Vitters vs. Moustakas

Josh Vitters entered the spring as the top high school talent in California. The Cypress High third baseman had pneumonia during the season that limited his performance somewhat. He hit .390 but still showed the pretty swing and all-fields power that made him stand out last summer at events such as the Area Code Games and Cape Cod High School Classic.

This spring, though, it was obvious who the best player in Southern California was: Chatsworth High’s Mike Moustakas. The lefthanded-hitting shortstop set a state single-season record with 24 home runs, struck out twice in 97 at-bats and set a state career record with 52 homers while leading Chatsworth to another section championship.

Oh by the way, Moustakas bumped 98 mph off the mound in brief stints, and at least two scouts I’ve talked to said he also flashed a plus slider that scraped 90 mph. In other words, he showed two plus-plus pitches off the mound, enough for some scouts who think his bat may be fringe-average to consider him a better prospect on the mound. (No one seems to doubt the power is at least major league average, though again his aptitude may limit the power’s usability.)

It all makes Moustakas the more exciting prospect for sure. Does it make him the better prospect? That remains a question as we’re about two hours away from the draft, and the Royals at No. 2 appear to be deciding between these two California infielders.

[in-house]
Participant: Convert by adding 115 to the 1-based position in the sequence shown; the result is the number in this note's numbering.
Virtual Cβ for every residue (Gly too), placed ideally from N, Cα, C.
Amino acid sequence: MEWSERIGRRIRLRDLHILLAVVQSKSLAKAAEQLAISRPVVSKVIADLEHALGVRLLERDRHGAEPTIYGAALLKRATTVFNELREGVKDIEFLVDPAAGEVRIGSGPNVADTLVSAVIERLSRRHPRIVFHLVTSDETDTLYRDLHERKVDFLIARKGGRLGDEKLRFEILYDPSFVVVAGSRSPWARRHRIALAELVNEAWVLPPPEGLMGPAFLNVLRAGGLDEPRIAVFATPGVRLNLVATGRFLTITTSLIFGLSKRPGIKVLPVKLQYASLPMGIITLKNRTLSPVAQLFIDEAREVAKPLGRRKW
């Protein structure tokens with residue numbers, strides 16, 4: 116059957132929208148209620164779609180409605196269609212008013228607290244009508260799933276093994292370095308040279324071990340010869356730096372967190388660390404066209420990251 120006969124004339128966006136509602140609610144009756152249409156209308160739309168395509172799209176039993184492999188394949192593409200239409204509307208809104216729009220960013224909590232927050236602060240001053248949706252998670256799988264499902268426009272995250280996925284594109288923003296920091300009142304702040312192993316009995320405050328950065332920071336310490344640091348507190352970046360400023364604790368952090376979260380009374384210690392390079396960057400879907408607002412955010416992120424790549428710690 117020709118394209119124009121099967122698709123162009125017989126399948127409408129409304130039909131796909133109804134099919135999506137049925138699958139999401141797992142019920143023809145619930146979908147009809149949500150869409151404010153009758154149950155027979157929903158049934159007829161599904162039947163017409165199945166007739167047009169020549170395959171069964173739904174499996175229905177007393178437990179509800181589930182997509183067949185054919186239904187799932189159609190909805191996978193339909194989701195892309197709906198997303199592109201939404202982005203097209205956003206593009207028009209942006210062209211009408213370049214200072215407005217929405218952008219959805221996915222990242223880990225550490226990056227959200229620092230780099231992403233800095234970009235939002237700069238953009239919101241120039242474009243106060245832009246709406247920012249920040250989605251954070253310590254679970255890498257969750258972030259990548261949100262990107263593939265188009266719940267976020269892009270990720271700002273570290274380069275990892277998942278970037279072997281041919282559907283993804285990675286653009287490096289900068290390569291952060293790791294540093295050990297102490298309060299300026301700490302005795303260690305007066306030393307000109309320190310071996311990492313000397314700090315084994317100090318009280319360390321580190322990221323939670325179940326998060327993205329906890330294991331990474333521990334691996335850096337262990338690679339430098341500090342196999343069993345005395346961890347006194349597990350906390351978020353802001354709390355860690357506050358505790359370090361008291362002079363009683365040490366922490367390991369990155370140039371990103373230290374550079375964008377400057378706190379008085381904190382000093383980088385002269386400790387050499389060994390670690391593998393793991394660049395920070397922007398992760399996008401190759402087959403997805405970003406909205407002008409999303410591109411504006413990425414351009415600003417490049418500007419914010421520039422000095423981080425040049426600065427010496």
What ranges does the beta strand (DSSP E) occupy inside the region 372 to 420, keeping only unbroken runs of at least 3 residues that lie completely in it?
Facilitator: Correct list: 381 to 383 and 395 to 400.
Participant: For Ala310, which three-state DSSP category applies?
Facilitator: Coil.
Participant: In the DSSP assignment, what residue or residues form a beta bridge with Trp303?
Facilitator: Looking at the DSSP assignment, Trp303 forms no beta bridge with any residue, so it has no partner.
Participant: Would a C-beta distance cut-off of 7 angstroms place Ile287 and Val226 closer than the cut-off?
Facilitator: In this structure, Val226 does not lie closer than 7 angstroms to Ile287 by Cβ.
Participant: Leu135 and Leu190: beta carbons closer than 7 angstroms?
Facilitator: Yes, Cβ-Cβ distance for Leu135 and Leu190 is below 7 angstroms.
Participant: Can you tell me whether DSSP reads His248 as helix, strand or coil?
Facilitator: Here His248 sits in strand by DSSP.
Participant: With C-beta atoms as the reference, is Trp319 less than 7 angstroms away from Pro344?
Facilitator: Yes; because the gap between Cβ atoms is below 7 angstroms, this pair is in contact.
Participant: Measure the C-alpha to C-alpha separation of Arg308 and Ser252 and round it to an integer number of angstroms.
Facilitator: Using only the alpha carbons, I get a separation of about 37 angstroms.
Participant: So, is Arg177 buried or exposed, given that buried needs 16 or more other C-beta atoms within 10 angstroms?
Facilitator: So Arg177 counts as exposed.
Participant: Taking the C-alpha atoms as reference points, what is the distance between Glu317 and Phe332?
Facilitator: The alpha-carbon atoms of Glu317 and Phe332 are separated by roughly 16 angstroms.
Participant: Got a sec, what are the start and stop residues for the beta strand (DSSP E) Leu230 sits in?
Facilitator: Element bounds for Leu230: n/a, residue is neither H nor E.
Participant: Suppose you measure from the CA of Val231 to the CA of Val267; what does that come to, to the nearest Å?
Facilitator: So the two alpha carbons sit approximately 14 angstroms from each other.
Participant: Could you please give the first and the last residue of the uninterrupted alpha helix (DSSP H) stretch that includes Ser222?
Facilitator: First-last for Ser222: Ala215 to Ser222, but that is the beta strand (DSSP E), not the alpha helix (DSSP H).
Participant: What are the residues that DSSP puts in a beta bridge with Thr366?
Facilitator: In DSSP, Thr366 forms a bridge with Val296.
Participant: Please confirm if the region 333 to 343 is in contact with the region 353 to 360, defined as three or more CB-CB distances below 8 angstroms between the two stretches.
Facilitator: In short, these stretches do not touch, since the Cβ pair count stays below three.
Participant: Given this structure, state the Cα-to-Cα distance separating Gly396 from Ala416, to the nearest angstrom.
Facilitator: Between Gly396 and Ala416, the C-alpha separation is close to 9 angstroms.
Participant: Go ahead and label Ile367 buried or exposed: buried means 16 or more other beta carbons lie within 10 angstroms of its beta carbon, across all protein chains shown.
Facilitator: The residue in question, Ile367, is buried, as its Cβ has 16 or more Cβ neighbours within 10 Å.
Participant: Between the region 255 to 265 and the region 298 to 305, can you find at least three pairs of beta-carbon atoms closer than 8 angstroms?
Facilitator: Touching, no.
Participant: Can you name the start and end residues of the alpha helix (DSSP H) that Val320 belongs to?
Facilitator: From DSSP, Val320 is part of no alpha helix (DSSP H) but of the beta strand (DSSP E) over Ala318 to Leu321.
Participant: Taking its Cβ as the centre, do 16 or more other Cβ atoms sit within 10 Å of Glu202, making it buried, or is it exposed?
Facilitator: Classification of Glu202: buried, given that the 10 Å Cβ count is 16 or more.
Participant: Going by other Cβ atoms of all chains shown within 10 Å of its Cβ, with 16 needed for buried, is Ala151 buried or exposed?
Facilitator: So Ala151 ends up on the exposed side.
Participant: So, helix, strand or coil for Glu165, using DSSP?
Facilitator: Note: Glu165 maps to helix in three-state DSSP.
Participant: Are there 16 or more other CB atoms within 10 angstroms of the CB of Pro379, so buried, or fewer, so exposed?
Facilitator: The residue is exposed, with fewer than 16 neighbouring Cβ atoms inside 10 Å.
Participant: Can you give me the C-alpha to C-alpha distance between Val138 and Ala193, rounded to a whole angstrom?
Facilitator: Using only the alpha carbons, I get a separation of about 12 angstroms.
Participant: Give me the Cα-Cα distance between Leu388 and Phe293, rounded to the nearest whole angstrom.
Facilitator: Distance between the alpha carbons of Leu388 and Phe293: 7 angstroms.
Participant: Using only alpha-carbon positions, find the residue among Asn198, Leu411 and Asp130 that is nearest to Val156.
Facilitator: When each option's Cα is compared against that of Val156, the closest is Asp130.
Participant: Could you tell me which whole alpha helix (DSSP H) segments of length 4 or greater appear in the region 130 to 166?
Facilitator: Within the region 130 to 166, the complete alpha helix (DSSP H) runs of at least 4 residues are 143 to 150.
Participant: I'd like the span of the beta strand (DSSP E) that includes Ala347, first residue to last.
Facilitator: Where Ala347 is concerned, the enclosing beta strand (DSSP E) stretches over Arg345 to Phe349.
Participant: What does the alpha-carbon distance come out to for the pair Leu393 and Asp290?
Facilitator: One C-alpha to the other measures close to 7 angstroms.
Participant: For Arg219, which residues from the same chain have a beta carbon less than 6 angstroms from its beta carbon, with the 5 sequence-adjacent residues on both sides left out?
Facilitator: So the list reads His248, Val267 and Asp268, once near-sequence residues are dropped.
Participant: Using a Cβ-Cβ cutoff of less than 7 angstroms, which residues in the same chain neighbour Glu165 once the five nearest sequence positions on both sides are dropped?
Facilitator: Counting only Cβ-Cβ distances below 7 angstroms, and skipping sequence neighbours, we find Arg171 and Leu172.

Moustakas’ tools profile him as a catcher for some, but those who believe in his bat don’t seem to worry about his future position. They know it’s not shortstop and believe with his arm and decent hands, he could be an average third baseman. Even if it has to be first base, the bat will play, and it’s a lefty bat that teams like at first.

Vitters’ defense also gives scouts pause, though. He earns Pat Burrell comparisons as a righthanded power bat who looks like a prototypical third baseman but probably doesn’t have the hands or actions to stay there as a big leaguer. Vitters doesn’t get his feet and hands in the right position to get great hops, the consensus goes, and may have to move to left field for his bat to truly come alive.

Vitters is a year younger than Moustakas; being a lefthanded hitter gives Moustakas an edge. While Moustakas is a Scott Boras client, the signing bonus demands for both players are similar. Moustakas is a Southern California signee and good friend of Trojans two-way talent Robert Stock; in fact, he’s basically taken Stock’s place as the lefty power bat and power arm in this draft, after Stock skipped his senior prep season and enrolled one year early at USC. Vitters is part of Arizona State’s all-star, over-recruited signing class.

Which player the Royals prefer–and believe they can sign quickly–at No. 2 overall probably has a lot to do with how the top 10 picks fall. The Greek-American in me says Moustakas is the better bet; the baseball journalist in me says go with the lefty bat when you can, and the scouts I’ve talked to just sound more excited when they talk Moustakas.

In the spirit of the NBA finals, it may be the difference between LeBron (Moustakas) and Tim Duncan (Vitters). In the NBA, I’d take Duncan. In the baseball draft, I’d take Moustakas.

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